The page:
20. Grasshoppers

Credit: Green and Orange Eastern Lubber Grasshopper. Digital Image. Unsplash/@vincentvanzalinge. October 31, 2017

Grasshoppers (also known as ‘Chapulines’) are an ancient snack, Latinos have enjoyed for centuries. You’ve probably seen plenty of new-age travelers taking snaps if their gap year in South America. For them, eating insects is a novelty. Whereas, for many, this was a way of life- way before it became ‘exotic.’

21. Churros

Credit: Churros on Chopping Board. Digital Image. Unsplash/@huibscholten. September 19, 2017

There’s a good chance you’ll see tons of images of hipsters enjoying churros as street food- especially during the winter. However, this isn’t culturally accurate. Fresh churros are traditionally a breakfast food dipped in thick hot chocolate. Yum!

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UPS Delivery Man Is Fired After Video Surfaces of His Anti-Latino Racist Rant

Things That Matter

UPS Delivery Man Is Fired After Video Surfaces of His Anti-Latino Racist Rant

Photo courtesy Forward Latino

An unnamed UPS delivery driver has been fired after being caught using racist language when delivering a package to a Latino household. The incident occurred on December 17th.

The video, which was caught on a doorbell camera’s security footage, shows a white UPS driver appearing to be angry when delivering a package.

“Now you don’t get f—–g nothing…You can’t read and write and speak the f—–g English language,” he says while writing a “failed to deliver” notice and pasting it on the house’s front door.

The Aviles family says that the footage shows that the UPS worker never even attempted to deliver the package in the first place. He never rang the doorbell or knocked on the door. Based on that, the family has come to the conclusion that the driver intentionally withheld the package from the family out of prejudice and spite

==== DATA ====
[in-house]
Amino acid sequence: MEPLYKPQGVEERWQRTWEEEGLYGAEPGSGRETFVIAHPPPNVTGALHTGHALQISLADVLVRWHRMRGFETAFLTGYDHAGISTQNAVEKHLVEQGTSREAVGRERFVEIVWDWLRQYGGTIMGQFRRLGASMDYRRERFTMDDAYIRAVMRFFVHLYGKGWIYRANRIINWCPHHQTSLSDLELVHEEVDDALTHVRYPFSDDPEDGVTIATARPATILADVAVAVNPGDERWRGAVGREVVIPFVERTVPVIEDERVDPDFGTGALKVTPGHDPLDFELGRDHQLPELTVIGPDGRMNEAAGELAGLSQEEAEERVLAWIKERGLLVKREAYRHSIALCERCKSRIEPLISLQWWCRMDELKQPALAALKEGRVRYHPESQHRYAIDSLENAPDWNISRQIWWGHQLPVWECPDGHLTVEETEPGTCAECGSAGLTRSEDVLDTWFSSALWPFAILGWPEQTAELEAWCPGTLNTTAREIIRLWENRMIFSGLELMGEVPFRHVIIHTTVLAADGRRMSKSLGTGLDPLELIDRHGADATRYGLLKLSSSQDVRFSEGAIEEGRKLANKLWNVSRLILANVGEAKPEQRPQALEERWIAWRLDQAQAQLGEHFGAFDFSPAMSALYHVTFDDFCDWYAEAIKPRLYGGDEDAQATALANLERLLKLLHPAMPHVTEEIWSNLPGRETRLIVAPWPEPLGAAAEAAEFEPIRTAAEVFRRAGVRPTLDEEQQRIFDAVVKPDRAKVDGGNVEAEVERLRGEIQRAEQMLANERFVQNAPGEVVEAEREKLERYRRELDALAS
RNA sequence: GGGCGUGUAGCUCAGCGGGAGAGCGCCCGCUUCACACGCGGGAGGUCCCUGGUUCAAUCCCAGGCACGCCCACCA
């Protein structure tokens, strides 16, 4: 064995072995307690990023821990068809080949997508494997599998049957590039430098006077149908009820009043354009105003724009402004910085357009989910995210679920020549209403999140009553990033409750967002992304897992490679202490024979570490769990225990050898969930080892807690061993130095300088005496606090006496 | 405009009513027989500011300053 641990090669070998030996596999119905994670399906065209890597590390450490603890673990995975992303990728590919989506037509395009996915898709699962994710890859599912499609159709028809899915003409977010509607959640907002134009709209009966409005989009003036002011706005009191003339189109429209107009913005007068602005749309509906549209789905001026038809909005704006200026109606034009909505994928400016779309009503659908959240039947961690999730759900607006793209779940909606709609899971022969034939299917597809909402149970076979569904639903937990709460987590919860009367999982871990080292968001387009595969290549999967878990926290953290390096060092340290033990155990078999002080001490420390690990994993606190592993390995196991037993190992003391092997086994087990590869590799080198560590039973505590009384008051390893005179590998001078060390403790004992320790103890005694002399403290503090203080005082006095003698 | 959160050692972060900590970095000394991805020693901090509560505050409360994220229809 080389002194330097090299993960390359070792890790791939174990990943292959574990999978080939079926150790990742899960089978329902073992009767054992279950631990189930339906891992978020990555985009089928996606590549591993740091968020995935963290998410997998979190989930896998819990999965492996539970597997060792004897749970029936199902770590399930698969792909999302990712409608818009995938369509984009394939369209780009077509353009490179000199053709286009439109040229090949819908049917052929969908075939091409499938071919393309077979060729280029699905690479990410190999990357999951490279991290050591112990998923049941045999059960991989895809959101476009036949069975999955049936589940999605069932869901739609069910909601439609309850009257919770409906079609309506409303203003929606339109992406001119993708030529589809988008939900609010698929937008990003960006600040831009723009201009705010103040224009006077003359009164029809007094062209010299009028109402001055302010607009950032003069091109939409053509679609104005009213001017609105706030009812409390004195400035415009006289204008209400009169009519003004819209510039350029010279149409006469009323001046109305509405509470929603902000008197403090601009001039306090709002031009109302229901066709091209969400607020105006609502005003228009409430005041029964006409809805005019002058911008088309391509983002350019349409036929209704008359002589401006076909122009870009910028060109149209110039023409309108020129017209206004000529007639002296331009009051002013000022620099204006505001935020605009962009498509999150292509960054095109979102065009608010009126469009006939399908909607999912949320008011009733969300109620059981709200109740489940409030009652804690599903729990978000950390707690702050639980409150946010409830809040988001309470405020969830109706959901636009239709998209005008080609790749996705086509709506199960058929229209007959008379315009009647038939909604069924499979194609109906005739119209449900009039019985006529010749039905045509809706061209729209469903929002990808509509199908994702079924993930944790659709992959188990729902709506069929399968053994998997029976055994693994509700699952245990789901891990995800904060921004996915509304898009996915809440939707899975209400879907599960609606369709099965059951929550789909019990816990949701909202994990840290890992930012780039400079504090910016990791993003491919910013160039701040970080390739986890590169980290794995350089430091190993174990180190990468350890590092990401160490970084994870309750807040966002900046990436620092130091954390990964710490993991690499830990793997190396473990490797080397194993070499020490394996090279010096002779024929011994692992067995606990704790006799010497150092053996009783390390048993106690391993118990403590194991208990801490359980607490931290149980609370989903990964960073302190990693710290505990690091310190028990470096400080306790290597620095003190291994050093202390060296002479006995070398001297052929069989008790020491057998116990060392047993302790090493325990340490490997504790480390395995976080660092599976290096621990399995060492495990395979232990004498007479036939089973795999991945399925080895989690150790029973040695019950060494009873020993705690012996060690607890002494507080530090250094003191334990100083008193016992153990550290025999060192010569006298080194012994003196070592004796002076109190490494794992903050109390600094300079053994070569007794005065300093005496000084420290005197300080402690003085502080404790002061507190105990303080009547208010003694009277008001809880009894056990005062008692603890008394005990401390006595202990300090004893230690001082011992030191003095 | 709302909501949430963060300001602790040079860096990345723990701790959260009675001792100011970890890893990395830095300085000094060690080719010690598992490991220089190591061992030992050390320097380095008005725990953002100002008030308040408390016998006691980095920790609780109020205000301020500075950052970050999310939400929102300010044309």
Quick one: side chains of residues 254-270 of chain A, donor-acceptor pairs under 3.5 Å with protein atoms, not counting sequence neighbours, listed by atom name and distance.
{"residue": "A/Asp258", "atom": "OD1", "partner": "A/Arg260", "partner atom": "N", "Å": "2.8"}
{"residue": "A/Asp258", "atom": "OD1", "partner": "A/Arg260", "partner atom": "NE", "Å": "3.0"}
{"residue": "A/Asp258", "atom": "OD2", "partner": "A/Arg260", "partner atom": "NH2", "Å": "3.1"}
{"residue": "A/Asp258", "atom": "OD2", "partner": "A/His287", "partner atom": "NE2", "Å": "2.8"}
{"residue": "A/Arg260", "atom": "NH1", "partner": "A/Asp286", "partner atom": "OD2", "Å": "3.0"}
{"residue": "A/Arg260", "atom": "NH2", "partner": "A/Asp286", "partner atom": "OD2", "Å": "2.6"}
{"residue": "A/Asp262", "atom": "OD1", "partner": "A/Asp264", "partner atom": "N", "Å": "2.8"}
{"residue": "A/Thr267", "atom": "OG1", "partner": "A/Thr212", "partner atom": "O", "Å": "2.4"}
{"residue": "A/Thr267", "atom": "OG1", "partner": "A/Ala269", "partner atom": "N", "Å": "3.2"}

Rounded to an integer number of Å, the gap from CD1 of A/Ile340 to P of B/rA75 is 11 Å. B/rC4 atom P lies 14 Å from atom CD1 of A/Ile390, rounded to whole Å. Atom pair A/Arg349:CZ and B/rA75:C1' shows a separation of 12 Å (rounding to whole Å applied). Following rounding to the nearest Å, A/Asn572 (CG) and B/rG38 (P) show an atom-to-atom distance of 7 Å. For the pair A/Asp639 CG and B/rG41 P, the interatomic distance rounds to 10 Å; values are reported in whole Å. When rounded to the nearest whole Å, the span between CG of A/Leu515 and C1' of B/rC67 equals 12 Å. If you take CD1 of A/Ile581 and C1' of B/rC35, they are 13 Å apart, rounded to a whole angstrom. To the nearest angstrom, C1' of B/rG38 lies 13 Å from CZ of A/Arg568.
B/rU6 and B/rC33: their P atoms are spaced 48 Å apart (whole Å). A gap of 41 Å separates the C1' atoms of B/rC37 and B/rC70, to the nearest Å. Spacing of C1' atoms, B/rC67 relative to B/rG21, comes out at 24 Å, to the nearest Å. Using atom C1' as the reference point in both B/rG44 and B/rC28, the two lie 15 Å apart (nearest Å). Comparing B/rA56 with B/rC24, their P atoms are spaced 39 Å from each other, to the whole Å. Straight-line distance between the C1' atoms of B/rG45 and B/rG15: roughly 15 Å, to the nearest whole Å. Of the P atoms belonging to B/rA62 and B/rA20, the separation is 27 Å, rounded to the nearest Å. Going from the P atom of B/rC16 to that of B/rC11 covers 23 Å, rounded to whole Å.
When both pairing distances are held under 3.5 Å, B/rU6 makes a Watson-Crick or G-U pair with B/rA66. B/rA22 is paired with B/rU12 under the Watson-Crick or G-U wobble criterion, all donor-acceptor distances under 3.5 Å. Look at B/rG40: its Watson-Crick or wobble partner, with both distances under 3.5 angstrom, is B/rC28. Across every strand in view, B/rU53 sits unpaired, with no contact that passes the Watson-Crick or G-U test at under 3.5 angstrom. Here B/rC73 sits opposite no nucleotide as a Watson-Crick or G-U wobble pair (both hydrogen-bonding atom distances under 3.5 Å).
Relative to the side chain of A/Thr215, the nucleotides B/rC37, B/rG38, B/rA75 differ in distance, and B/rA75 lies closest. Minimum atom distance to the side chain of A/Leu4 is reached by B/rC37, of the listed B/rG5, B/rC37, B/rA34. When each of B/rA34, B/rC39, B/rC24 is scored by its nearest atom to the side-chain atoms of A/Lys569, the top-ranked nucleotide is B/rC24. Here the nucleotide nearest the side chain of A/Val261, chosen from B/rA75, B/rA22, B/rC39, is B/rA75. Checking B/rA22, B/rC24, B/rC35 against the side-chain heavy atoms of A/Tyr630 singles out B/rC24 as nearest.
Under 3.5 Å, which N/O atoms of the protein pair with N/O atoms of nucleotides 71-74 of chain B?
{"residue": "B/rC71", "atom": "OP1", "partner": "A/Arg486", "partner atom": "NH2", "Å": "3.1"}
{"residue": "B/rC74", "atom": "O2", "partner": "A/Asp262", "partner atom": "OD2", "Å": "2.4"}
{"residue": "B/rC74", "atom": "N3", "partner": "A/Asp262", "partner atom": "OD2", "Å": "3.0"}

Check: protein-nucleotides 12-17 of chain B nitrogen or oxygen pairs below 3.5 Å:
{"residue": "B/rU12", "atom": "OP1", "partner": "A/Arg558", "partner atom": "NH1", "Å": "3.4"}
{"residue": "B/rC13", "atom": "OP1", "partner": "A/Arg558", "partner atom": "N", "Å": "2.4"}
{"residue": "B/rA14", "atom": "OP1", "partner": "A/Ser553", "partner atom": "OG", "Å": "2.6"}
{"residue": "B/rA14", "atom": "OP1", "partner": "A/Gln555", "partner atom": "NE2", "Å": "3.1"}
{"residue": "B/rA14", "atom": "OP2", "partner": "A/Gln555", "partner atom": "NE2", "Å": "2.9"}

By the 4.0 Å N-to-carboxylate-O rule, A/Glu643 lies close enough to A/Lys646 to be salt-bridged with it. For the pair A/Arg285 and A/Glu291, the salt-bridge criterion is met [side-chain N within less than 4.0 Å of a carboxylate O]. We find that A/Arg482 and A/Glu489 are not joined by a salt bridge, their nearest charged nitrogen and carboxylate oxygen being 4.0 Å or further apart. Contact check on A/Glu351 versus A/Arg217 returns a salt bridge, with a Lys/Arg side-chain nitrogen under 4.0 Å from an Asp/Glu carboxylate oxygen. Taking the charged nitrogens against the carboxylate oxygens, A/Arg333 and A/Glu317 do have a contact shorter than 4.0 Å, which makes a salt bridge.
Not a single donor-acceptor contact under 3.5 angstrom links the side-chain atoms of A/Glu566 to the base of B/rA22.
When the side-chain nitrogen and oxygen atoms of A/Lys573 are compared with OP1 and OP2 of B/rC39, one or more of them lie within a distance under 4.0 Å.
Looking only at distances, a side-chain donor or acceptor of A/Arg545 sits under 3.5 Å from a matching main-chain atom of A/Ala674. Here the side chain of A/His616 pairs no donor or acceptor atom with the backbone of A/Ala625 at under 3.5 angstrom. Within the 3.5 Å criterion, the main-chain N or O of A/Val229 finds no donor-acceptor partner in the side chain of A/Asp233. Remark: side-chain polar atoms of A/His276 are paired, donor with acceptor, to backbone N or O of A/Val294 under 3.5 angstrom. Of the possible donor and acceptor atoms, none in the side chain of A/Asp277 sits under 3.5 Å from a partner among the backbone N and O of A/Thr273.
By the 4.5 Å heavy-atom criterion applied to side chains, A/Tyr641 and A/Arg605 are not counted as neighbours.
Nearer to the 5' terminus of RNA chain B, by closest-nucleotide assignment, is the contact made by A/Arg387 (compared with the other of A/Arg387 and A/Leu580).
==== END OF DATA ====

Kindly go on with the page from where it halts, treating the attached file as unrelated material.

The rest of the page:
They believe that the only way the driver could’ve known that the family was Latino was by making assumptions based off the name on the package.

“The only information this driver had that could serve as a trigger for this deep-seated hate was the name on the package,” said Forward Latino President Darryl Morin at a press conference addressing the incident.

“So what we have here is a very intentional act to ruin Christmas for somebody, for someone to spew this hateful rhetoric, and quite honestly to deceive their employer,” Morin continued.

Per UPS, the employee has now been fired. “There is no place in any community for racism, bigotry or hate. This is very serious and we promptly took action, terminating the driver’s employment. UPS is wholeheartedly committed to diversity, equity and inclusion,” UPS said in a statement. They also said they contacted the family to apologize.

But the Aviles family is still rattled that such bigoted people are out and about, letting their petty prejudices effect other people’s lives.

“The package was a Christmas gift that we eventually received after Christmas Day, but what if it happened to have time-sensitive content like an epipen or a book I needed to take a final,” said Shirley Aviles, the mother of the man who lives at the address, told NBC News. “I don’t get it. It’s just sad.”